Dr. Loh’s speech was entitled “The American Research University – Winning the Future in a Globalized World”. His half-hour speech was succinct and full of profound meaning. Due to the increasing challenges of globalization, the American has gradually lost the supremacy in education. He reiterated the fundamental value of education in shaping a person’s life. Americans must catch up with the rest of the world in terms of science and engineering education. He also stressed that investing in higher education and encouraging innovation and research are the keys for the United States to win the future in a globalized world.

Dr. Loh just returned from a visit abroad. When the passenger next to him on the plane asked him, "What business are you in?” Dr. Loh replied, "I am engaged in the immortal business”. He further explained that he is not a preacher, but he is engaged in education by transferring passion, values, and knowledge to people and building the future for the next generation.

He considered himself privileged to be in the position of leading the University of Maryland. Established in 1854, the University of Maryland has grown from a small agricultural college with 13 students to a major public research university in the US with 38,000 students and 9 colleges. The incoming class of students has a grade point average of 3.9 and average SAT score of 1300. The professors and staff generated half billion dollars in research grants. For every dollar that the state invested in the university, the university staff generated $3 research dollars. All together the university generated $8 billion in revenue last year. The university is a regional economic engine and keeps the economic development in the state of Maryland. When President Lincoln first proposed the founding of the land-grant university, he had a vision that one day the university will engage in teaching, research, and leading the economic development activities.

Dr. Loh mentioned that 40% of Americans have a college degree, and this proportion has not changed for decades. He agreed with President Obama about the need to strengthen higher education in the next decade, so that the population with a college education will increase to 55 percent in the next 10 years. But US education is lacking behind many other countries. For example, US Science Technology Engineering Mathematics (STEM) education ranks 27 in the world. Korea has only 1/6 of the US population but produces as many engineers as the US. How many US students are taking Calculus when compared with those students in Asia? We Americans need to out-educate, out- innovate the rest of the world in order to regain supremacy. He hopes the US Government will take the lead in providing educational subsidies and emphasizing education in science, engineering, and scientific research.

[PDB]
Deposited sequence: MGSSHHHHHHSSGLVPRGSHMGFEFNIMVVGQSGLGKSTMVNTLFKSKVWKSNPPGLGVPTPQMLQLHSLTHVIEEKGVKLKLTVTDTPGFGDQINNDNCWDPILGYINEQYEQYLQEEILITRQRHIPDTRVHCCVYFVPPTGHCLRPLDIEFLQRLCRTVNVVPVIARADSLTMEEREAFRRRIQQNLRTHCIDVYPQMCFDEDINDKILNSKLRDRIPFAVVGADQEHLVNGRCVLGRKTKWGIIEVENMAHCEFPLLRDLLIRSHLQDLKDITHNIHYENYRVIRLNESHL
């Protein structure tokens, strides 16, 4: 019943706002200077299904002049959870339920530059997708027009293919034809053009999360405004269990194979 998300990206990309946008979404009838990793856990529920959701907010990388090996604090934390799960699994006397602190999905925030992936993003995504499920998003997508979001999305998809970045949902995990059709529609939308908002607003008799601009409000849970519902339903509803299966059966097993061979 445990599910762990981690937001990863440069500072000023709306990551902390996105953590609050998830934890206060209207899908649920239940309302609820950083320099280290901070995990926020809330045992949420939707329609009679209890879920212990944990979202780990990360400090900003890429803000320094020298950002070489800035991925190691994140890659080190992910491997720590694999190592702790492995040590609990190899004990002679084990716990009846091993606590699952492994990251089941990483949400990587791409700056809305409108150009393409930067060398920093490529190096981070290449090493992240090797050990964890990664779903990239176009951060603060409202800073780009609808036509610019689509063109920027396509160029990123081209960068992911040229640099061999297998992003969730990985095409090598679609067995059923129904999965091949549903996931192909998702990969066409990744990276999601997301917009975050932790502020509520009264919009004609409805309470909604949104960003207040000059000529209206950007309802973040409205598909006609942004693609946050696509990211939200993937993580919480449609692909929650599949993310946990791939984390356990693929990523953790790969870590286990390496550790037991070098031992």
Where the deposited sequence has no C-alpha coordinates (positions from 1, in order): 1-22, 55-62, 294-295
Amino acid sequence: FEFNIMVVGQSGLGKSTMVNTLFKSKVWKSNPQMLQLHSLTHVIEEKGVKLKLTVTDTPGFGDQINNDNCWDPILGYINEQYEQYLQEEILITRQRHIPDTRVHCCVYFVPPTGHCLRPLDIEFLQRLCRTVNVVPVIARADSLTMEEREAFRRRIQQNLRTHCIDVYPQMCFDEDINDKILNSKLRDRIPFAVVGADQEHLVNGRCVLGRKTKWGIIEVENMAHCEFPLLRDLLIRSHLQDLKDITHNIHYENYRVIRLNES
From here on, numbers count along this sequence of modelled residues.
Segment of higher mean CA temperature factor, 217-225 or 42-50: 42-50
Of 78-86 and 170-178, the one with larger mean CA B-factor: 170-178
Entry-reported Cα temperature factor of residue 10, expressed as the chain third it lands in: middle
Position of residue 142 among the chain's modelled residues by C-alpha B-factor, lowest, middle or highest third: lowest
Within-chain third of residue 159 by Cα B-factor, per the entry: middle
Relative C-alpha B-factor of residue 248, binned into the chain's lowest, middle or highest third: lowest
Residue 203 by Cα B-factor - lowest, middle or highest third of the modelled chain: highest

Three weeks ago, he sat down with the Director of the National Science Foundation, Dr. Subu Suresh. Dr. Suresh graduated from the Indian Institute of Technology at Madras. Out of 175 graduates in his class, 150 came to the US to seek graduate studies, whereas today only 35 students came to the US. The message is loud and clear in that the rest of world is catching up! The annual budge t for NSF is about $80 billion, and Congress is seeking to cut its budget by 2.5%. This is about $220 per person per year when compared with $2,600 per person per year for social security and $3,000 per person year for the defense budget. It is no question that many Americans believe that the country has to take the lead in the science and technology area; the question is whether we have the resolve to do it. He said his personal story to rise from a poor foreign student to become the leader of a major American university is a story of the American dream. Only in America, you can fulfill such dream.

There is a prominent economist at the University of Maryland, who had studied the 7,000 years of economic history of human civilization. The economist concluded that the financial or banking crisis in the US would take more than 10 years to recover. We are in the crisis with a flattening budget and period of stagnation. We have a hard choice. We must invest in science education. As you all know, the mascot of the University of Maryland is the terrapin. Terrapin is a special kind of turtle living in the Chesapeake Bay. They can only go forward and can’t go sideways.

Like terrapins, America needs to go forward. Dr. Loh concluded that we have to aim high in order to win the battle in a globalized World.